Health Insurance Marketplace 2015: Average Premiums After Advance Premium Tax Credits Through January 30 in 37 States Using the Healthcare.Gov Platform. Premium Tax Credits

02/17/2015

The Affordable Care Act specifies that an individual or family who is eligible for premium tax credits will be required to pay no more than a fixed percentage of their income based on the second-lowest cost silver plan available in the Marketplace in their coverage area. This applicable percentage varies only by household income as a percentage of the Federal Poverty Level (FPL) and does not depend on household members’ ages, the number of people within the household covered through the Marketplace, or Marketplace premiums. (For examples of 2015 incomes and benchmark premiums for those who are eligible for premium tax credits, see Table 2.) The applicable percentage is converted into a maximum dollar amount the household is required to pay annually for the benchmark plan, and the premium tax credit is applied to make up the difference between the maximum dollar amount and the actual premium, if any. The exact dollar amount of the premium tax credit depends on the premium of the second-lowest cost silver plan available to the household and the cost of covering the family members who are seeking Marketplace coverage.
 
For example, a woman with an income in 2015 equivalent to 218 percent of FPL will pay a maximum amount of $148 (see Table 2 for 2015 applicable percentages) for the second-lowest cost silver plan in her area. She can choose to buy the second-lowest silver plan if she wishes, and it will cost her up to $148 after premium tax credits. Her premium tax credit for 2015 will be the difference between $148 and what the second-lowest cost silver plan premium would be for her in 2015. She can take her premium tax credit and apply it to whatever plan in any metal tier that best fits her needs.
 
TABLE 2: Examples of Maximum Monthly Health Insurance Premiums for the Second-Lowest Cost Silver Plan for Marketplace Coverage for a Single Adult in 201510
 
Single
Adult
Income11
Percent of the Federal Poverty Level Maximum Percent of Income Paid toward Second-Lowest Cost Silver Plan Maximum Monthly Premium Payment for Second-Lowest Cost Silver Plan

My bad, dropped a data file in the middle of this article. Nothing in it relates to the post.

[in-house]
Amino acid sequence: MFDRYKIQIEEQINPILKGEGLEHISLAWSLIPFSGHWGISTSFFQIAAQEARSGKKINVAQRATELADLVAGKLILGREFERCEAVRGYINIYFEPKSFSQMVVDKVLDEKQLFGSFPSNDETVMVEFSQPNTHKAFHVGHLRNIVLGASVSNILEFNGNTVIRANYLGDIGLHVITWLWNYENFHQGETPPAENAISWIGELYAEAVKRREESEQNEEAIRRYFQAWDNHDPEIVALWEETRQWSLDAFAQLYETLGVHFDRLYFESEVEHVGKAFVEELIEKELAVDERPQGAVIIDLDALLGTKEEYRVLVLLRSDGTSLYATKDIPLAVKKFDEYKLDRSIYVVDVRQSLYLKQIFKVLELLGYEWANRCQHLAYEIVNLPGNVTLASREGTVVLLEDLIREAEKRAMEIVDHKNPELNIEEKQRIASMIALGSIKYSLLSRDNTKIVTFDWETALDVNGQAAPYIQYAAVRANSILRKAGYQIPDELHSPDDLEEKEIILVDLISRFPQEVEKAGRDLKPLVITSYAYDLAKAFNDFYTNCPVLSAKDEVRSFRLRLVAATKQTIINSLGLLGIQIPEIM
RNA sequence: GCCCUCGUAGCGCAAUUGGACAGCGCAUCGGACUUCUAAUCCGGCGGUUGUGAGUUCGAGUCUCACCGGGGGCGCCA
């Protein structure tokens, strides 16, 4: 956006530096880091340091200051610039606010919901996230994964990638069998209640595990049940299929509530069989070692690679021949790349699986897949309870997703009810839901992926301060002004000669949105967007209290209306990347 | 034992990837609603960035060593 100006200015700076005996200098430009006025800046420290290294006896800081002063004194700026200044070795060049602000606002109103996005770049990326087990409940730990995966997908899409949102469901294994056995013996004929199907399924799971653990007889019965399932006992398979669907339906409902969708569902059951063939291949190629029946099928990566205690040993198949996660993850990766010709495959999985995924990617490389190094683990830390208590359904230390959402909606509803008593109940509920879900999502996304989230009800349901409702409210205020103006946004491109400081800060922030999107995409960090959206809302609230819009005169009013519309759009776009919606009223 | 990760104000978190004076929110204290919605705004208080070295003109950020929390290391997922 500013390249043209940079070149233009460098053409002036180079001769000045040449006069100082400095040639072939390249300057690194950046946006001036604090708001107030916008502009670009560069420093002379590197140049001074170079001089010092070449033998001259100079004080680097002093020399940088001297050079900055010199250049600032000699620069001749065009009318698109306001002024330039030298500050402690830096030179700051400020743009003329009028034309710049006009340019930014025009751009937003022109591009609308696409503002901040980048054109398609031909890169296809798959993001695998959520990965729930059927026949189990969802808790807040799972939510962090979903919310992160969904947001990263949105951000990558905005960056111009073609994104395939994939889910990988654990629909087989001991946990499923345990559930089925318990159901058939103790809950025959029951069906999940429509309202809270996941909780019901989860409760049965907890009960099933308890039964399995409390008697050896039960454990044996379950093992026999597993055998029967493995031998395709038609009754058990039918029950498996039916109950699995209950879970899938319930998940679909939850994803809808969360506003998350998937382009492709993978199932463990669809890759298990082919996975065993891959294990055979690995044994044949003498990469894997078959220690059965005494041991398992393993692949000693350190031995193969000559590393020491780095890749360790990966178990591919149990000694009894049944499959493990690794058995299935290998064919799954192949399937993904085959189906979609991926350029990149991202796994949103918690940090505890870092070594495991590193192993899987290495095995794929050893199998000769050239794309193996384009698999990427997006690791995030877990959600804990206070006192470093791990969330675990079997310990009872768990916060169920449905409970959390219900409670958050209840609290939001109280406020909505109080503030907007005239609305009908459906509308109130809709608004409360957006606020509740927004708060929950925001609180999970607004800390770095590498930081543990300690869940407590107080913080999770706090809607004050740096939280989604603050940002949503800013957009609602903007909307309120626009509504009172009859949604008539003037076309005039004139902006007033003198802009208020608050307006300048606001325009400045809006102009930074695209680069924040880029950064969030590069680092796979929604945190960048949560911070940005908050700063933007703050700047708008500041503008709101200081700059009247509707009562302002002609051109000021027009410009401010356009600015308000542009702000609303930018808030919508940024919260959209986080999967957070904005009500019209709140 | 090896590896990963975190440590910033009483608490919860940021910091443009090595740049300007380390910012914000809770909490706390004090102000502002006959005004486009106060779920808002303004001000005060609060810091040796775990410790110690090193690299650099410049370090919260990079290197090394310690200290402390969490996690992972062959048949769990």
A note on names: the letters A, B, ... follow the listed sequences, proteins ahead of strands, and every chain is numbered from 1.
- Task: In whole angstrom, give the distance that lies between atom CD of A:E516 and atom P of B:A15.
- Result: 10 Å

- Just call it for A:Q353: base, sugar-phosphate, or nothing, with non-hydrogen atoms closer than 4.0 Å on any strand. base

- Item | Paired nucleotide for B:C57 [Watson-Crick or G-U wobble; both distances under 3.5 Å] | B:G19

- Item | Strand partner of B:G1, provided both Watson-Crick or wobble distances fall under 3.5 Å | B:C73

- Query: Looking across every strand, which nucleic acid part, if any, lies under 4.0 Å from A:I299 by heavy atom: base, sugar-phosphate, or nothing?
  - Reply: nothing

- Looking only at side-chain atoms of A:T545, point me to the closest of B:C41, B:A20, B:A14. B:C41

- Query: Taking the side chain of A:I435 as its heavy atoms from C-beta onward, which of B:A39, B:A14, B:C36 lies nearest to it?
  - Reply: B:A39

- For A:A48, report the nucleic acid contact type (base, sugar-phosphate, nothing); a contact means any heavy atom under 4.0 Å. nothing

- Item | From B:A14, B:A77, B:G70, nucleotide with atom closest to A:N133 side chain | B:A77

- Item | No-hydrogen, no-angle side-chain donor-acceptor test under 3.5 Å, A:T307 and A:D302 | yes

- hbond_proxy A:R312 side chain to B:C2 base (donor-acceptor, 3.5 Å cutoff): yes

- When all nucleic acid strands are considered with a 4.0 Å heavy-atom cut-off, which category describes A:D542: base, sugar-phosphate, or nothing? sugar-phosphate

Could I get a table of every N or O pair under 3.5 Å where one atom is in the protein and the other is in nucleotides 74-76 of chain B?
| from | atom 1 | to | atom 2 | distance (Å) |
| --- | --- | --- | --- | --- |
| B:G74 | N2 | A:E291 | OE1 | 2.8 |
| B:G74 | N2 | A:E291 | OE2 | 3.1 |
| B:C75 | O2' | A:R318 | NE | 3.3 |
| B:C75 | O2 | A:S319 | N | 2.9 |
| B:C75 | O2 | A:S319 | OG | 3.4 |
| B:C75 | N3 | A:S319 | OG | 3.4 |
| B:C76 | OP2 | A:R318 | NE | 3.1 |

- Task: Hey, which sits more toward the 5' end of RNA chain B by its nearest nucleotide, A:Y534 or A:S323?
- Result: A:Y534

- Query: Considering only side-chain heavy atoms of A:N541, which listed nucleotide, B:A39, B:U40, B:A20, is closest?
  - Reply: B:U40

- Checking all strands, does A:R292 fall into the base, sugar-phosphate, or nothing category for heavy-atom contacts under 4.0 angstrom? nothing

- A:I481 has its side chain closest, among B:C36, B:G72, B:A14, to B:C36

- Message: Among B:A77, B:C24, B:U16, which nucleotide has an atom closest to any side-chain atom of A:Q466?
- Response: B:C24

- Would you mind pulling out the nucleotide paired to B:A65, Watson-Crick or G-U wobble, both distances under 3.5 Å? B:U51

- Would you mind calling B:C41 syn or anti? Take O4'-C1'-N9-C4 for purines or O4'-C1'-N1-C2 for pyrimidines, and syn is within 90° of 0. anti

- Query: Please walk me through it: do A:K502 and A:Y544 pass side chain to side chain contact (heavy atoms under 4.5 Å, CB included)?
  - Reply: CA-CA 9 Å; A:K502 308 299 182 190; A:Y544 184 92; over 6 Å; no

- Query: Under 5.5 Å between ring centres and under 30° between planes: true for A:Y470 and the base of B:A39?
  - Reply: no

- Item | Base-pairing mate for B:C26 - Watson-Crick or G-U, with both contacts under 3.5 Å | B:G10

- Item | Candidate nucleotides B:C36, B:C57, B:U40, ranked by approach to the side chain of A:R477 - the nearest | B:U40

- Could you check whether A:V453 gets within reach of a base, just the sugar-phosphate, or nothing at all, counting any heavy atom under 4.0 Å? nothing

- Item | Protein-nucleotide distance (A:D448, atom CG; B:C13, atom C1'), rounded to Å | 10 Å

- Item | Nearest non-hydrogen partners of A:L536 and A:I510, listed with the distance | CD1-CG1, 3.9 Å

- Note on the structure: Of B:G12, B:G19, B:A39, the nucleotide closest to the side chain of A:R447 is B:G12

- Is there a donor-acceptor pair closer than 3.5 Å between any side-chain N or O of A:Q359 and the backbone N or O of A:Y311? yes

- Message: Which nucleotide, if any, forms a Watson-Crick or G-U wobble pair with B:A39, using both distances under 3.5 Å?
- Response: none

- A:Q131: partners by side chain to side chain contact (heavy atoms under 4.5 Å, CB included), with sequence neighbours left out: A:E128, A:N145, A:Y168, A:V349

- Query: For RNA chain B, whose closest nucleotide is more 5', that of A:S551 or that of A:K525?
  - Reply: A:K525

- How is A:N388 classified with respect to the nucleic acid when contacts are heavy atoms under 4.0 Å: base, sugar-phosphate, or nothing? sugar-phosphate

$11,670 100%12 2.01% $20
$17,505 150% 4.02% $59
$23,340 200% 6.34% $123
$29,175 250% 8.10% $197
$35,010 300% 9.56% $279
$40,845 350% 9.56% $325
$46,797 401% Not Applicable No Limit

Source: Applicable percentages for 2015 coverage are available at: www.irs.gov/pub/irs-drop/rp-14-37.pdf. The 2014 Federal Poverty Guidelines, used for premium tax credits for 2015 coverage, are at: http://aspe.hhs.gov/poverty/14poverty.cfm.

Many families may also be eligible for premium tax credits. For example, suppose a family with an income of $60,000 was shopping for Marketplace coverage for 2015 for all four family members. The family’s household income is equivalent to 252 percent of the FPL; therefore, the family’s premium is capped at 8.15 percent of income or no more than $407 per month for the benchmark second-lowest cost silver plan in its local area. If the premium for the second-lowest cost silver plan for the family is $805 per month, the family will receive a tax credit of $398, based on a premium after advance premium tax credits of $407 ($805 – $407 = $398). The family can apply its $398 premium tax credit toward the purchase of coverage in any metal level. Note that the maximum percent of household income paid toward the second-lowest silver plan is adjusted annually by a measure of the difference between premium growth and income growth.


10 For more information on premium tax credits, see the Internal Revenue Service final rule on “Health Insurance Premium Tax Credit,” (Federal Register, May 23, 2012, vol., 77, no. 100, p. 30392; available at: http://www.gpo.gov/fdsys/pkg/FR-2012-05-23/pdf/2012-12421.pdf).
11 Income examples are based on the 2014 federal poverty guidelines for the continental United States. Alaska and Hawaii have higher federal poverty guidelines, which are not shown in this table.
12 In states expanding Medicaid, individuals and families at 100 percent of the FPL who are eligible for Medicaid coverage are not eligible for premium tax credits.

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